> My new question is:
> How often do you RETRACT the crank up, and for what reason(s). (My permit
> conditions indicate that they should be cranked down "when not in use". Do
> others have this condition?)
The obvious answer to this question in my mind is a packet station connected
to the local network 24/7. In this case, the station is *always* in use.
Of course, to the town, you stay connected to the local packet system to be
able to provide disaster communications etc.
> I would like to be able to:
> 1. have a tower which will feasibly handle the loading my design calls
Yup, fixed and guyed towers have more design capability.
> 2. side mount antennas.
Seen this done on numerous crankups, including several Ring Rotor installations.
> 3. not worry about being around to crank down the tower every time it's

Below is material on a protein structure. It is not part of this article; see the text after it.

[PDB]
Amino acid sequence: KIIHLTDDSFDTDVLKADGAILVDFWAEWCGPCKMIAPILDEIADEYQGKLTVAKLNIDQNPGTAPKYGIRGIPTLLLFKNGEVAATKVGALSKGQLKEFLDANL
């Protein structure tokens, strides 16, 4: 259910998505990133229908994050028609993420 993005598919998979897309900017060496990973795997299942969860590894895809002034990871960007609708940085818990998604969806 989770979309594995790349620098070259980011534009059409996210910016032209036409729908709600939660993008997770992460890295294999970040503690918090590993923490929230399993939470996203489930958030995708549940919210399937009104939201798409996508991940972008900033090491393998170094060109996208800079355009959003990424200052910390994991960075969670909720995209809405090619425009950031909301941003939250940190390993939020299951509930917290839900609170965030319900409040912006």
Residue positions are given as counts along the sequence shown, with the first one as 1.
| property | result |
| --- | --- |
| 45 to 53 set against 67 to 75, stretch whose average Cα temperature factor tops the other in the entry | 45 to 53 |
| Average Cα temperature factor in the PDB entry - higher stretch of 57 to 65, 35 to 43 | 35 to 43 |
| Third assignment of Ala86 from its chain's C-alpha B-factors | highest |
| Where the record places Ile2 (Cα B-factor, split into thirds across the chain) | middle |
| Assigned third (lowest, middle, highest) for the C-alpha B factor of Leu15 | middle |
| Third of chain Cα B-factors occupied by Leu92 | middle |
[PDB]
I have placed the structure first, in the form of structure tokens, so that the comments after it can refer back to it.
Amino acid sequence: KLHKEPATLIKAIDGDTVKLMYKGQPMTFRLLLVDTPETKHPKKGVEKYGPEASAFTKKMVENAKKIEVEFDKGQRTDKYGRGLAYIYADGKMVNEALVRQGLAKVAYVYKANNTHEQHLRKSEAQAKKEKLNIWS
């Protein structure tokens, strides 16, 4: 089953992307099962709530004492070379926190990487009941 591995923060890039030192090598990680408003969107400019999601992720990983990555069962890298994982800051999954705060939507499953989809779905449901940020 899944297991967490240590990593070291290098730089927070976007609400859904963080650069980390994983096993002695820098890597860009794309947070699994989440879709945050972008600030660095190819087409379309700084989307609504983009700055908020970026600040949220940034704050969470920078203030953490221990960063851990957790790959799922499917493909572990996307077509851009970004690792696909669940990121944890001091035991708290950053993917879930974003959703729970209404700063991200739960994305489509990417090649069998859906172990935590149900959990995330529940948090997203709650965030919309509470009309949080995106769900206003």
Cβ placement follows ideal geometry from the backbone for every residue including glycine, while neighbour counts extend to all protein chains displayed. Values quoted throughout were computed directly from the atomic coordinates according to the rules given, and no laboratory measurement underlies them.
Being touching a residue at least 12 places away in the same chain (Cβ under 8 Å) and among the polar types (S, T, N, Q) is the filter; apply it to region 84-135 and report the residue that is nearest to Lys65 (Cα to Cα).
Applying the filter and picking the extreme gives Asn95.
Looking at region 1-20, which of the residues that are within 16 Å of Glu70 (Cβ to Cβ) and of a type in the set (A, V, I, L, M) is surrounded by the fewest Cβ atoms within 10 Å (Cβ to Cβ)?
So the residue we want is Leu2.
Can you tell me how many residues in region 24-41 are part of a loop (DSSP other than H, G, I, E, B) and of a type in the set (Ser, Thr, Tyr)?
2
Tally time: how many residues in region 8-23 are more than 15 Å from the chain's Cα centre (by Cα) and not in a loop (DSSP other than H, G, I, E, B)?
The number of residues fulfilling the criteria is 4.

> 4. Not have to fill two 5X5X10 foot holes with cement.
Whoa there...instead you'd have to fill *eight* holes for two guyed
towers, with a total amount of concrete approaching that of two free-standing
> 1/4 the concrete
> 1/10 the cost
Probably more like 1/3 to 1/2 the cost, after concrete and guying hardware etc.
Been there, have the bills.
> no hoist system to fail (as a practicing engineer, less to go wrong is
> always nice)
This is still the single best argument in my eyes. However,I succesfully
used the financial hardship argument when I litigated my tower permit with
J.P. Kleinhaus, W2XX (fdba AA2DU)
As we say in the software business: "You are hosed."
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